Mathematical Brain
Get Acrobat Reader
What's New
Test and New Chapter
About Brian Butterworth
email author
Buy Now @ Amazon, UK

Macmillan Logo


Italian Edition

Swedish Edition

Naze sugaku ga tokui na hito to nigate na hito ga 
(Why are some people good, but others bad at maths?)

Mathematical Brain
Brian Butterworth
British Association
The Times
A problem with numbers may add up to dyscalculia

Nigel Hawkes

The Times: 11th September, 2003.

Children who struggle with arithmetic may be suffering from the mathematical form of dyslexia, a crippling inability to handle numbers.

Dyscalculia may affect as many as one in 20 people and make their lives a misery, Brian Butterworth, professor of cognitive neuropsychology at University College London, told the British Association for the Advancement of Science yesterday. "They are misdiagnosed as stupid," he said.

"Their teachers think they are stupid; they think they are stupid. We have done focus groups with nine year-olds and it is heartbreaking."

Children with the disability needed to be reassured that it was akin to colour-blindness and they should be spared the daily humiliation of maths lessons by being taught separately, he said.

The disability was innate and had nothing to do with the way children were taught or their use of calculators. They simply lacked a proper sense of number, tended to add using their fingers and could not do simple arithmetic such as subtracting one two-digit number from another.

Entry to university was tricky because many could not pass the maths GCSE. Those who did get in went on, however, to get good degrees.

Professor Butterworth cited the case of a woman with a First in Philosophy who had serious dyscalculia. Elsewhere he has written about a man who had a degree in philosophy but still could not add up. Shopping was a constant embarrassment because he did not understand prices, had no idea how much money to tender or what the right change ought to be.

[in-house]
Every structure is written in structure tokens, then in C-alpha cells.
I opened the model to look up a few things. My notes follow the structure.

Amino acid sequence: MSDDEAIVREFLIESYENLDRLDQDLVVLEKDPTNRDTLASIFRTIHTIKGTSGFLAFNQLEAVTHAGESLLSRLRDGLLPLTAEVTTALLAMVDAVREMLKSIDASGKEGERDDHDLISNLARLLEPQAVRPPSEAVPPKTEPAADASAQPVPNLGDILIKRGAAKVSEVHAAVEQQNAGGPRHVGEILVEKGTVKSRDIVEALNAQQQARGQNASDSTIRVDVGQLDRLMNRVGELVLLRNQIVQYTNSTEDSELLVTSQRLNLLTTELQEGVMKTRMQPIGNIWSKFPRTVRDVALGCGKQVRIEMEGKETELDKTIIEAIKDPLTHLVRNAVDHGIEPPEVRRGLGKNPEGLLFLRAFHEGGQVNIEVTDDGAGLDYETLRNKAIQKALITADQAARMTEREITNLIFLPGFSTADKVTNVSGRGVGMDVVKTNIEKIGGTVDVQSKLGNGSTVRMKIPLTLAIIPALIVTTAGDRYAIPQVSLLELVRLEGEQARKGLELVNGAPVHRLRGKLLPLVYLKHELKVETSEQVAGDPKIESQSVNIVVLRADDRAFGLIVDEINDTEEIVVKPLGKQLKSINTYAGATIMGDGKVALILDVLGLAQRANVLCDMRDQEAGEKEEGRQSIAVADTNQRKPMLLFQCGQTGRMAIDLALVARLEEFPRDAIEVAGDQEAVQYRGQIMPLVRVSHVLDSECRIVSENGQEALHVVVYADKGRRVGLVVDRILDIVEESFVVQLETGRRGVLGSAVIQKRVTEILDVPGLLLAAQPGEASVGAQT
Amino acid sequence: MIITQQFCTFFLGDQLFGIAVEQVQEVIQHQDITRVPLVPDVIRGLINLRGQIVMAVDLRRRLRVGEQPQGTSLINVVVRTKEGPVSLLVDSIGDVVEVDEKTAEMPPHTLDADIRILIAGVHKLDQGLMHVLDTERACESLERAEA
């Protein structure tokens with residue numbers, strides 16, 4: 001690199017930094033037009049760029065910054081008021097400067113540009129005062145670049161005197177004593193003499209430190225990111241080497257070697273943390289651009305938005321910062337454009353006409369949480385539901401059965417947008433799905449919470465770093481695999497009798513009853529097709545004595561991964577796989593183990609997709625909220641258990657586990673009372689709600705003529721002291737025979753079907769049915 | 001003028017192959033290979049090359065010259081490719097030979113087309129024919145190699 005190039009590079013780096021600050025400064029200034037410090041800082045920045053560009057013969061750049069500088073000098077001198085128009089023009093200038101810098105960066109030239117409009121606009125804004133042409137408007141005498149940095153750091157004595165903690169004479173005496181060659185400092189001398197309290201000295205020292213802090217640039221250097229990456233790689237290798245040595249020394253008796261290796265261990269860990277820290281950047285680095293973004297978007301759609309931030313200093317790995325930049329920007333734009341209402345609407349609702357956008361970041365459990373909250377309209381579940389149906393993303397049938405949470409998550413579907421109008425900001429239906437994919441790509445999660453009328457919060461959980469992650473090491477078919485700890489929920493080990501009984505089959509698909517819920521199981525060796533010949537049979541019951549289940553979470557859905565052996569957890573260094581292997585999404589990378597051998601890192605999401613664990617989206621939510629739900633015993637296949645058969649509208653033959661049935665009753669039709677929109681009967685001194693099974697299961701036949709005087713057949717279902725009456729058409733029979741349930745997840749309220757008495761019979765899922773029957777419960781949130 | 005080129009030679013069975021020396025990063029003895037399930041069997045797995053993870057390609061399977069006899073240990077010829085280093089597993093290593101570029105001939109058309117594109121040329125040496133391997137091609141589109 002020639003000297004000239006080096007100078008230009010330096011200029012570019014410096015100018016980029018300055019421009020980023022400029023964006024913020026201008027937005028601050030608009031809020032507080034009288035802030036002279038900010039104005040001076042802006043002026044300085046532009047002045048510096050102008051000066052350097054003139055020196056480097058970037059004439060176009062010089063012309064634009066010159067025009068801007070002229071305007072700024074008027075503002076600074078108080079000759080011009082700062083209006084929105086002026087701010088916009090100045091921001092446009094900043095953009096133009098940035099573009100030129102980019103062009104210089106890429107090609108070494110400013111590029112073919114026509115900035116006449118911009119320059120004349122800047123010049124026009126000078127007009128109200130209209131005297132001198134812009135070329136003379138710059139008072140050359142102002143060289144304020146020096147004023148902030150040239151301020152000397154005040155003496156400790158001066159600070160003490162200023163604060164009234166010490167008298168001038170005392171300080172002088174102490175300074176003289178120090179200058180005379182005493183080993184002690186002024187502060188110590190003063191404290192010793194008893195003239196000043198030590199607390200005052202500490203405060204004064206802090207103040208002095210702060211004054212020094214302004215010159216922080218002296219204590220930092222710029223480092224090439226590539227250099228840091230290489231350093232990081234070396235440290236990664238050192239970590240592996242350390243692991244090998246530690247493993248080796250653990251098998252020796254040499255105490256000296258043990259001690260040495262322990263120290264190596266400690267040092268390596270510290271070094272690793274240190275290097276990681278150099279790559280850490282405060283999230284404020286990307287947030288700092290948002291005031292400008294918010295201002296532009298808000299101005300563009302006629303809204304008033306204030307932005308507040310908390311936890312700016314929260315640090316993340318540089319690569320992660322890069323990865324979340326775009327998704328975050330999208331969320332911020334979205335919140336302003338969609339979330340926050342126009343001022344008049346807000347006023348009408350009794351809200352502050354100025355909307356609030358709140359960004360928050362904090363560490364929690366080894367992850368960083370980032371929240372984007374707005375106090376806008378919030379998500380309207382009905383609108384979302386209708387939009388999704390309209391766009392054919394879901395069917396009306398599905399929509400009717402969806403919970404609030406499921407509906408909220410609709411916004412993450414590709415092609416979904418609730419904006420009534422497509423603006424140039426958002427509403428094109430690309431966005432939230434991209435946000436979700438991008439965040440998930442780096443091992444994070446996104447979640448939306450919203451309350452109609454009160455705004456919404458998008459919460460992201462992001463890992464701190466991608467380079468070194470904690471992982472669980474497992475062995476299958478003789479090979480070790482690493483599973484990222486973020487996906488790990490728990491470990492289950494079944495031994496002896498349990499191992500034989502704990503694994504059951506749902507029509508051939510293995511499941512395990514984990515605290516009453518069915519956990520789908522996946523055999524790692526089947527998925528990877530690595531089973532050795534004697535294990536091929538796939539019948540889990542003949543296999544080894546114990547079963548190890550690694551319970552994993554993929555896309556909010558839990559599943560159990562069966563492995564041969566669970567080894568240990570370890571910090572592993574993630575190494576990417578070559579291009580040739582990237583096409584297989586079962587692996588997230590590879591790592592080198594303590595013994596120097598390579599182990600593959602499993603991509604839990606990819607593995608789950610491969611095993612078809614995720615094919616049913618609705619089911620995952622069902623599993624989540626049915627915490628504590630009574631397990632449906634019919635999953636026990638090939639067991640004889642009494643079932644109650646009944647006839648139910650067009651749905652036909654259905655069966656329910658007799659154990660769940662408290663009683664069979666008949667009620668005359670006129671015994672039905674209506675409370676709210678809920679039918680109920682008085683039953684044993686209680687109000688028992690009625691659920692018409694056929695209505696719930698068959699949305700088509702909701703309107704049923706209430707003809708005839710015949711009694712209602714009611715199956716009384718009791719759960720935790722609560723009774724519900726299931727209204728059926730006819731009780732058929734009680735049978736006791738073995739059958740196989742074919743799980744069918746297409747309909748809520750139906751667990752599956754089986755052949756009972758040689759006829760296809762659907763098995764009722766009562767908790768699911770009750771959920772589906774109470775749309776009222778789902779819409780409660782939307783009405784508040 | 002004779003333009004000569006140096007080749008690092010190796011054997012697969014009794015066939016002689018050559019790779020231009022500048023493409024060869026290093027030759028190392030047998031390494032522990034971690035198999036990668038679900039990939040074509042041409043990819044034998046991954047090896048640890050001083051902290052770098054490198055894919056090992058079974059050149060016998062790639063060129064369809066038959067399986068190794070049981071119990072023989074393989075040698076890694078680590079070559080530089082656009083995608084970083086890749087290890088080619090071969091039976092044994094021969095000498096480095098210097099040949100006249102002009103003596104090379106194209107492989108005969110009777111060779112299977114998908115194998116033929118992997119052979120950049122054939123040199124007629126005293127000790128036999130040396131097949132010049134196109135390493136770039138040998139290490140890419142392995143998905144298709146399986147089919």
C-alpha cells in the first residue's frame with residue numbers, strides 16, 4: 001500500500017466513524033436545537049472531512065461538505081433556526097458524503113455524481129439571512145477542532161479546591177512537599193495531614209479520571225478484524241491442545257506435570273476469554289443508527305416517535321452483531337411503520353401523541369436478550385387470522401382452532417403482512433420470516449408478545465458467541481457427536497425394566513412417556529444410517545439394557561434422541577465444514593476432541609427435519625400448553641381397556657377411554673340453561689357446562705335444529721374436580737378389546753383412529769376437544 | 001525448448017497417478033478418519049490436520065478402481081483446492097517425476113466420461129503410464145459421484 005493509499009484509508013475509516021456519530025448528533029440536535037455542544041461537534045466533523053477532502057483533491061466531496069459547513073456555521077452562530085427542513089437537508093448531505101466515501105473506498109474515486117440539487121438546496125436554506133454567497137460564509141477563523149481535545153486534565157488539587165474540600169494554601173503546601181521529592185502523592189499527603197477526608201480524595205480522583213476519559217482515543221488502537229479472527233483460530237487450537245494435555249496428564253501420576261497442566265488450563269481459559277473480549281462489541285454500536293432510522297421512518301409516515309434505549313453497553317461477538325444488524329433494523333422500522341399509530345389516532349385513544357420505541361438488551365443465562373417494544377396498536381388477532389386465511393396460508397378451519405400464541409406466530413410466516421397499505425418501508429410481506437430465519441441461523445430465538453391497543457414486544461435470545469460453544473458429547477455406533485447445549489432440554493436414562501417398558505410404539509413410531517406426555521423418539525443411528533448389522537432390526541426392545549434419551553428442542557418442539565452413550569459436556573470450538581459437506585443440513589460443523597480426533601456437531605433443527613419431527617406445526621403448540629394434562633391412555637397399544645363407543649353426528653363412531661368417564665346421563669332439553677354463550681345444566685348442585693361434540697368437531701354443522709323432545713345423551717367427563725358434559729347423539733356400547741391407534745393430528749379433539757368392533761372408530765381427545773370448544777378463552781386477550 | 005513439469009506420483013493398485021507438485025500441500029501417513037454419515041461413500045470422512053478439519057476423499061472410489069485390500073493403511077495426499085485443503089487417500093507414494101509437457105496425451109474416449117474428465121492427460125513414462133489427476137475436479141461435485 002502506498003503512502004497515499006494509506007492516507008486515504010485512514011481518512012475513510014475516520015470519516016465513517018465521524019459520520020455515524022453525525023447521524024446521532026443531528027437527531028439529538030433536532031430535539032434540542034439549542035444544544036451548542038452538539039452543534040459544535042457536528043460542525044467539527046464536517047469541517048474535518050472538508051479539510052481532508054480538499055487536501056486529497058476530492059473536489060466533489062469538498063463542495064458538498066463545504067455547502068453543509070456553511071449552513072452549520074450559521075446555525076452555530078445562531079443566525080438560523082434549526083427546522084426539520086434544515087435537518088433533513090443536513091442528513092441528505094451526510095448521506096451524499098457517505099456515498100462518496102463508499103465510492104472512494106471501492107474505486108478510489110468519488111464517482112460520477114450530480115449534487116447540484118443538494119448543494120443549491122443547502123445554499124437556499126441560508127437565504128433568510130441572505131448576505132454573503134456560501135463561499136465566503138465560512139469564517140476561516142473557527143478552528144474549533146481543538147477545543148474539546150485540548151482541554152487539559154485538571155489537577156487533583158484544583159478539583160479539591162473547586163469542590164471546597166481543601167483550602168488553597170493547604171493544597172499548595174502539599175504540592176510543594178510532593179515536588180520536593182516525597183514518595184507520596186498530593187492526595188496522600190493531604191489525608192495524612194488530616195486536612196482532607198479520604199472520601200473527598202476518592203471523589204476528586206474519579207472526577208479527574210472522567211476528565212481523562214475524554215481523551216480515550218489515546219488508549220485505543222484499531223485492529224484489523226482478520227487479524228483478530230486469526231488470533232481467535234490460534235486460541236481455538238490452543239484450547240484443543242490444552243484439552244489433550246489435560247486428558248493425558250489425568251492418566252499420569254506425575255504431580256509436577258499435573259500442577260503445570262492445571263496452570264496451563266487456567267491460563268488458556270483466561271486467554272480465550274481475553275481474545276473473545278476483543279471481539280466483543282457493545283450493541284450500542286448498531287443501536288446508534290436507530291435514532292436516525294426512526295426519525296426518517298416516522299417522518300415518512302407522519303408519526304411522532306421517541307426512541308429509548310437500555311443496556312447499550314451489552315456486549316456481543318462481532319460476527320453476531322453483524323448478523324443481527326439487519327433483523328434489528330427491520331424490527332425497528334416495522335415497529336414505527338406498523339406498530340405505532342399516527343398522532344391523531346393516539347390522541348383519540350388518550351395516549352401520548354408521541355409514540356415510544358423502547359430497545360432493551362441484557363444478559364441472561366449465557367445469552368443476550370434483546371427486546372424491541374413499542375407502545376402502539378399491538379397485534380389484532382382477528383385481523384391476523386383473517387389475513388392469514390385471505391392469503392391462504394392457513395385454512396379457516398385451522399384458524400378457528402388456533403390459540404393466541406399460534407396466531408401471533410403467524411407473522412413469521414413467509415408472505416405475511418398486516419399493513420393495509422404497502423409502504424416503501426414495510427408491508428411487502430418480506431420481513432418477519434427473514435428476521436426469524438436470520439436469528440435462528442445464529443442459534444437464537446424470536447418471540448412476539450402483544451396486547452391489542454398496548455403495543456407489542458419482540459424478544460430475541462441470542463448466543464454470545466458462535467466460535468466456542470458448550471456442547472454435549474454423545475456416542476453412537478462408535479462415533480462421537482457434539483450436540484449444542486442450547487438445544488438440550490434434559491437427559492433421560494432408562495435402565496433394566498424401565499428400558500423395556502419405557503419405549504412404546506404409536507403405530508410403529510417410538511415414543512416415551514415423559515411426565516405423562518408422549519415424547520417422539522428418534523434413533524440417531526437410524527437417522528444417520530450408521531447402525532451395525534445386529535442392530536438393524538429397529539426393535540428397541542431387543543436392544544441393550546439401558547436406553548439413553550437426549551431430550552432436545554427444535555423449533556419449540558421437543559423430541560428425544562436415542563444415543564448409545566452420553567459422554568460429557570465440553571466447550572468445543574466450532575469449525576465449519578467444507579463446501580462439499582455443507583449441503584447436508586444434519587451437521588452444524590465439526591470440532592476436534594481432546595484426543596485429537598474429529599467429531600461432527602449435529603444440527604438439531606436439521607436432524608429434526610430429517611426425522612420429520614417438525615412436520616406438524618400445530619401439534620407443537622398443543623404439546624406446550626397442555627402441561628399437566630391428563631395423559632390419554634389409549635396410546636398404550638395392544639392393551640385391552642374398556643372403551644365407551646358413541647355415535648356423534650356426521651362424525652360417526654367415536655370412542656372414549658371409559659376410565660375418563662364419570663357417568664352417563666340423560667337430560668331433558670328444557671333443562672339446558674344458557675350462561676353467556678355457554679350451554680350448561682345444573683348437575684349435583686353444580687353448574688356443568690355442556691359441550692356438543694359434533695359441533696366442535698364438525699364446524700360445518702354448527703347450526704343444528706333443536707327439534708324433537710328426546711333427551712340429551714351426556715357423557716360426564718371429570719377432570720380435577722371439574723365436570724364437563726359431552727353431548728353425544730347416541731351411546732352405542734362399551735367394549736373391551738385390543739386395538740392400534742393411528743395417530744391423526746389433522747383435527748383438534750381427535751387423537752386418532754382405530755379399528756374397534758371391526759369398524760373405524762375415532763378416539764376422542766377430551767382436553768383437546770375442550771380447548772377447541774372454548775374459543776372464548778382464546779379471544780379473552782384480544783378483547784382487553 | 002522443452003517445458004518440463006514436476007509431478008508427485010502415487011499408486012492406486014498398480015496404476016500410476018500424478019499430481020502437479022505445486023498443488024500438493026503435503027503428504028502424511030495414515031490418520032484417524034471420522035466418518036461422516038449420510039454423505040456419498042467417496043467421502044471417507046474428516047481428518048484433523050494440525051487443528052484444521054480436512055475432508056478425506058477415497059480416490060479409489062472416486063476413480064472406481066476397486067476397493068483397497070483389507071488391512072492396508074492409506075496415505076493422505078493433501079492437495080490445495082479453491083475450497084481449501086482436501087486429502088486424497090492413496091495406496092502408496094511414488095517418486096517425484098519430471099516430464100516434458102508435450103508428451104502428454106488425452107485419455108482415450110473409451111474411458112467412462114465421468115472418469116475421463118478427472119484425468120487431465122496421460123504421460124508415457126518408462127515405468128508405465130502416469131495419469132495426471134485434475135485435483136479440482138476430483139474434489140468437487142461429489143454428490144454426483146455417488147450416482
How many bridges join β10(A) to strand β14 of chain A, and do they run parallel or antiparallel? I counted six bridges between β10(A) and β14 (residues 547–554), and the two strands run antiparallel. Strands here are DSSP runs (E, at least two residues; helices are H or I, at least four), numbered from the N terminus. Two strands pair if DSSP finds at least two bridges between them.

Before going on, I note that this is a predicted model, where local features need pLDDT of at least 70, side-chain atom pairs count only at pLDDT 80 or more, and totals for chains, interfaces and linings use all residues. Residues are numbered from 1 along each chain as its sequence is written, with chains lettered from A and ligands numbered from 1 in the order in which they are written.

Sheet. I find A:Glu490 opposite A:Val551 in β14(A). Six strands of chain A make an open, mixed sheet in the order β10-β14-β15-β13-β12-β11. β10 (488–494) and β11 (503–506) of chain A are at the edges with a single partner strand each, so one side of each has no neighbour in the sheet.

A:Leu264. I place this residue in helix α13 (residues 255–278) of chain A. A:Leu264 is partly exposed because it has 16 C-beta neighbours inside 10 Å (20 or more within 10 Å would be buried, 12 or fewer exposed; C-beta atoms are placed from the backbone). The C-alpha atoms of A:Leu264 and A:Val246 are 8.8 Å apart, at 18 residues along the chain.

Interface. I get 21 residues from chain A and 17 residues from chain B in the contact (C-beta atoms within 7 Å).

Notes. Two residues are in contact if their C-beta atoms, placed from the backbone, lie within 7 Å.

At the association festival at Salford University experts in the disability suggested that there was a link between dyscalculia and a primitive number sense possessed by humans and animals that enabled them to make instant assessments of the numbers of objects in a group without having to count.

This process was called subitizing, Professor Butterworth said.

In what he described as the largest such study ever carried out, he investigated visitors to the science exhibition Explore At Bristol.

A total of 18,000 visitors were shown a display of dots on a screen and asked to say whether a number - two, say - corresponded to the dots.The results showed that there did appear to be a distinct mechanism for the instant recognition of small numbers and that women were slightly better at it than men. Men and women were equally good when there were more than four dots and they had to be counted.

The evidence is that dyscalculics are bad at the instant judgment of numbers, possibly because of poor brain development in the parietal lobes at the back of the brain that are involved in the process.

Stanislas Dehaene of the French National Institute of Health and Medical Research said that he had used brainimaging methods to show that there were specific cells in this part of the brain whose job it was to represent numbers. His experiments showed that girls with Turner's syndrome, a genetic disease, suffered dyscalculia and disorganisation of this part of the brain.

Elizabeth Isaacs, of the Institute of Child Health in London, said that very low birthweight babies who appeared quite normal but were poor at arithmetic had a deficiency of a protein, taurine, in their blood soon after birth. Brain scans showed that this group also had less grey matter in the parietal lobes.

Sum of all fears

There is no simple test for dyscalculia, but children who suffer from it often have problems:

understanding the arithmetical signs (plus, minus, etc)

adding or subtracting numbers

with the times tables

telling the time

following directions

They may also reverse numbers, eg 15 for 51

They may transpose numbers eg 364 to 634


The Times
See Also




British Association

What's New Preface Interviews email author Author

Macmillan Logo